As always, the community foundation is here to help. Please reach out to our team to learn more about how you can make the biggest difference with your charitable dollars, including how you can use an existing or new donor-advised fund, or other type of fund, to carry out your 2023 charitable wishes. You’ll be glad you planned ahead to help your favorite organizations fulfill their missions throughout the entire year, as well as maximizing your own tax benefits and avoiding December’s crunch time.
Invest in impact built on trust
If you’ve supported a particular charitable organization for many years, and perhaps even served on its board of directors, you are likely familiar with some basic concepts of “trust-based philanthropy,” even if you didn’t know that’s what it is called.
As a devoted supporter of the nonprofit organizations you love, you know that an organization’s chances of success are greatest when the organization’s leadership and talented staff are able to deploy the organization’s resources in the ways they believe will best fulfill the mission. This, in turn, sometimes translates into the organization placing a high value on what are called “unrestricted” donations, meaning that the organization can use the dollars in whatever way it sees fit. An example of this, grossly oversimplified to illustrate the point, is when a donor writes a check to a food pantry and instructs that the money be used to purchase canned goods, but the food pantry’s leadership knows that what they really need at the moment is to fix the roof or hire a staff member to help with sorting food before the pantry will be in a position to accept more canned goods.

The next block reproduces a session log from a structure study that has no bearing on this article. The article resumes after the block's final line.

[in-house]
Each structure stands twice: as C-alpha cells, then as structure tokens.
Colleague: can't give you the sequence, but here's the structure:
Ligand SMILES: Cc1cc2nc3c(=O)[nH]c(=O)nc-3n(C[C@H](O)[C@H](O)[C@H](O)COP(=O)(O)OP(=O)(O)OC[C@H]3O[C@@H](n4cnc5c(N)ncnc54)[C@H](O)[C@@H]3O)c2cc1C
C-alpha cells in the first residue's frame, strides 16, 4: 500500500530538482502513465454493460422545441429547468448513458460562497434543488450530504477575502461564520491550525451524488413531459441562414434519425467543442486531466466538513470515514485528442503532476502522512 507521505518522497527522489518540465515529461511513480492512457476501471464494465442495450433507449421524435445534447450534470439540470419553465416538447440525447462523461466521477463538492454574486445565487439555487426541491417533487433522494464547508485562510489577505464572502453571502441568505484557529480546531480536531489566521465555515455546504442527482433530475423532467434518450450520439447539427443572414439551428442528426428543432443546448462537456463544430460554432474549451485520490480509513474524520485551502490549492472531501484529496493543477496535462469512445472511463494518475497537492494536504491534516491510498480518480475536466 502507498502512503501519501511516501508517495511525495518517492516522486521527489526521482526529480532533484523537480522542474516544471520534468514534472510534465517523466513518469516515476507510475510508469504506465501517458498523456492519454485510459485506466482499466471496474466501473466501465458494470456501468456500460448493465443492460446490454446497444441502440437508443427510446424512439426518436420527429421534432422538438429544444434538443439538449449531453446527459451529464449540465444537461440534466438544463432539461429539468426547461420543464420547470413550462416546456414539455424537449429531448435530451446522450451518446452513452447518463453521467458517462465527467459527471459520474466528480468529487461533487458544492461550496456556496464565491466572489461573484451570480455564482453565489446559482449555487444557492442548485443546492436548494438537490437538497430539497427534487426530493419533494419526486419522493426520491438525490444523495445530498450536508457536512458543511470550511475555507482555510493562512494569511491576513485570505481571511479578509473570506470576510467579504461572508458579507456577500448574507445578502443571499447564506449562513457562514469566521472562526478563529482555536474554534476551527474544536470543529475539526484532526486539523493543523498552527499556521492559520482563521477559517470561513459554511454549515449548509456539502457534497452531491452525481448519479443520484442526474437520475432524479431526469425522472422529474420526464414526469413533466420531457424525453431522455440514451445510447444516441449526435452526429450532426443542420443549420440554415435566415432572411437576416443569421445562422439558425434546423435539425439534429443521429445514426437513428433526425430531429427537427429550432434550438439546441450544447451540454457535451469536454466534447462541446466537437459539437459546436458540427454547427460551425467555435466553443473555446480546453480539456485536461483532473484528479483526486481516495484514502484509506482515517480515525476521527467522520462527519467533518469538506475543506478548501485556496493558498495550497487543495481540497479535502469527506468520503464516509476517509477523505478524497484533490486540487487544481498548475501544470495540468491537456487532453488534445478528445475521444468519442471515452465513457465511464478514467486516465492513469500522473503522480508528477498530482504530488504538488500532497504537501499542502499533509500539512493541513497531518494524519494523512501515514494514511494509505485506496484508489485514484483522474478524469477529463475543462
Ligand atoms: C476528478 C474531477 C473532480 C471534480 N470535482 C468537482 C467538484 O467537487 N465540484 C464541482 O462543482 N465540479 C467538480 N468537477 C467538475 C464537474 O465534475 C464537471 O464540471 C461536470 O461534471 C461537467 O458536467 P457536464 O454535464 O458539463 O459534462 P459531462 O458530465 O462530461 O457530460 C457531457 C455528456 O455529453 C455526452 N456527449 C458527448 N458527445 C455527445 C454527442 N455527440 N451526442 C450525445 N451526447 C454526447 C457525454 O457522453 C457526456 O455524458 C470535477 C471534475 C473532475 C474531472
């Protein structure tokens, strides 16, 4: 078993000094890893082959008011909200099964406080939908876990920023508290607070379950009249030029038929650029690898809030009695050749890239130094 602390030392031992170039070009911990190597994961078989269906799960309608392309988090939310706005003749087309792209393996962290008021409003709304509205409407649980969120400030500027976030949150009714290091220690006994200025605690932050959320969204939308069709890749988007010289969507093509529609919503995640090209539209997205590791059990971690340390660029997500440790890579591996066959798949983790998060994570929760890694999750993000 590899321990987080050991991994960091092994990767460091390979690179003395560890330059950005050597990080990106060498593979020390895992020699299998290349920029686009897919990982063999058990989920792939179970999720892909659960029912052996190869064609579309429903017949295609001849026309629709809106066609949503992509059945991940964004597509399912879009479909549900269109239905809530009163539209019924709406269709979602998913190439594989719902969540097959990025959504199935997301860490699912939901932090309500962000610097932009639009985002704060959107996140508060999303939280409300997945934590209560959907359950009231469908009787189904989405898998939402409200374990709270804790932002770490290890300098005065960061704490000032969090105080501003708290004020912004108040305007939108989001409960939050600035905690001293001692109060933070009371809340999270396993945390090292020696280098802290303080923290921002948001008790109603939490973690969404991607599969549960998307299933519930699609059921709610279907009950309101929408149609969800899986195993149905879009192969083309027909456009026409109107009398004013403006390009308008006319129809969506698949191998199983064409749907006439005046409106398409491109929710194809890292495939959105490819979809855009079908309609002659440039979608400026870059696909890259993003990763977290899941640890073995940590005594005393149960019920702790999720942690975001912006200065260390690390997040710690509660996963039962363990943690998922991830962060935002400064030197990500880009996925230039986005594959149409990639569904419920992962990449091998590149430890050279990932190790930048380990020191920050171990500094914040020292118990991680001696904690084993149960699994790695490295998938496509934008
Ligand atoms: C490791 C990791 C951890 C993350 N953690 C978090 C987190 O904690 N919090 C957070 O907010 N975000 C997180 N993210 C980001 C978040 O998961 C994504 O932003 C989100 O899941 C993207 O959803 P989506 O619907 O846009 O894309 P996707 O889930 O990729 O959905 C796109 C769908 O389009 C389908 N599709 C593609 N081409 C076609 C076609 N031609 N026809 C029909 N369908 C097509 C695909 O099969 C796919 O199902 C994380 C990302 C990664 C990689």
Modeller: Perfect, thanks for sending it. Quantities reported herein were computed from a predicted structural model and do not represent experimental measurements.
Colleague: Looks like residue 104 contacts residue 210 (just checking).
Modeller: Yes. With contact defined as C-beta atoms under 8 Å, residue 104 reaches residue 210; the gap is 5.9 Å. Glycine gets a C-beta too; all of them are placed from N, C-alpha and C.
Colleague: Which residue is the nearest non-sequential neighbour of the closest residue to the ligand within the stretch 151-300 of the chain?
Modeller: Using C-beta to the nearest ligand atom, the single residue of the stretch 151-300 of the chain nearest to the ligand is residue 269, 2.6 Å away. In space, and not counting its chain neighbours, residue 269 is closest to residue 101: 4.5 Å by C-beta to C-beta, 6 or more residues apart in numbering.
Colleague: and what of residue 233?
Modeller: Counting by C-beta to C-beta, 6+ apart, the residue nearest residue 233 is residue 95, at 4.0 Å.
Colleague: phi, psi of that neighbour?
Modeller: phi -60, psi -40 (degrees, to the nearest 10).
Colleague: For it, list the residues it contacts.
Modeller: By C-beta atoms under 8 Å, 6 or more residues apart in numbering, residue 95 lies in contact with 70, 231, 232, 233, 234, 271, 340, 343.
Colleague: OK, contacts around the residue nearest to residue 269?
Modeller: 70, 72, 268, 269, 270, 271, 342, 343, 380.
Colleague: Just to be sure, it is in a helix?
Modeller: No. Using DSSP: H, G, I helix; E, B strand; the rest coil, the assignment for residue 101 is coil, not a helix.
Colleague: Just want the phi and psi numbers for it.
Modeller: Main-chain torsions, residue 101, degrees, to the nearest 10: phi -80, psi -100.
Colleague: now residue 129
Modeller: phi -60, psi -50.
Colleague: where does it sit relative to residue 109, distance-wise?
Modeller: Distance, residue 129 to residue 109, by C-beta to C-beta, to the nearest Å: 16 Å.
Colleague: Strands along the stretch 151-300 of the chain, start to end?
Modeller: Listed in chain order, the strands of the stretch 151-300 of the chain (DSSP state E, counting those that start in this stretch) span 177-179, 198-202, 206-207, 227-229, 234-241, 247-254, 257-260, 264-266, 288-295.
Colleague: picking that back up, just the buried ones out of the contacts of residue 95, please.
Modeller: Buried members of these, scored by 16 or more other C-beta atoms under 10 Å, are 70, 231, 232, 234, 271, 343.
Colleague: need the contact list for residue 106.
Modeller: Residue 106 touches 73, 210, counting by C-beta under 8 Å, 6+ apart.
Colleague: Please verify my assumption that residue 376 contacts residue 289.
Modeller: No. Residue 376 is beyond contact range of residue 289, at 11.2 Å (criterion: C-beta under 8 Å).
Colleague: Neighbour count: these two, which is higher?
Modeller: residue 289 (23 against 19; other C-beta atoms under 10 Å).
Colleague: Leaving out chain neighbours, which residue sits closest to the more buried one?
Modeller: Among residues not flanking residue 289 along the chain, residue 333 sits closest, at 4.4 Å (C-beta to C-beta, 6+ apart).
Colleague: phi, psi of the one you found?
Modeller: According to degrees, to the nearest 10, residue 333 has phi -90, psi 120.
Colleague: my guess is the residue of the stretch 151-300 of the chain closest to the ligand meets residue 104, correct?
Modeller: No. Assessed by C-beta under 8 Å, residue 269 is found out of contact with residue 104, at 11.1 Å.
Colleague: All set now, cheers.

Unrestricted gifts are only one component of the overall trust-based philanthropy concept. The broader model is designed to increase the impact of philanthropy by encouraging collaboration, communication, and information-sharing among all stakeholders, including not only donors and the nonprofits they support, but also the community as a whole.
Trust-based philanthropy has become somewhat of an academic phenomenon, and it is not without some controversy. Still, the fundamentals make sense, such as listening to community stakeholders and lifting some of the administrative burdens on nonprofit organizations who receive funding.
Trust-based philanthropy is nothing new to the community foundation. In many ways, the community foundation’s mission already embodies these principles: Deeply understanding the needs of the community, building strong relationships across all stakeholders, helping donors maximize the value and impact of their charitable giving, establishing permanent support for the community to address whatever needs may arise, connecting donors more deeply to the causes they care about through personal service and education, and leading on critical community issues.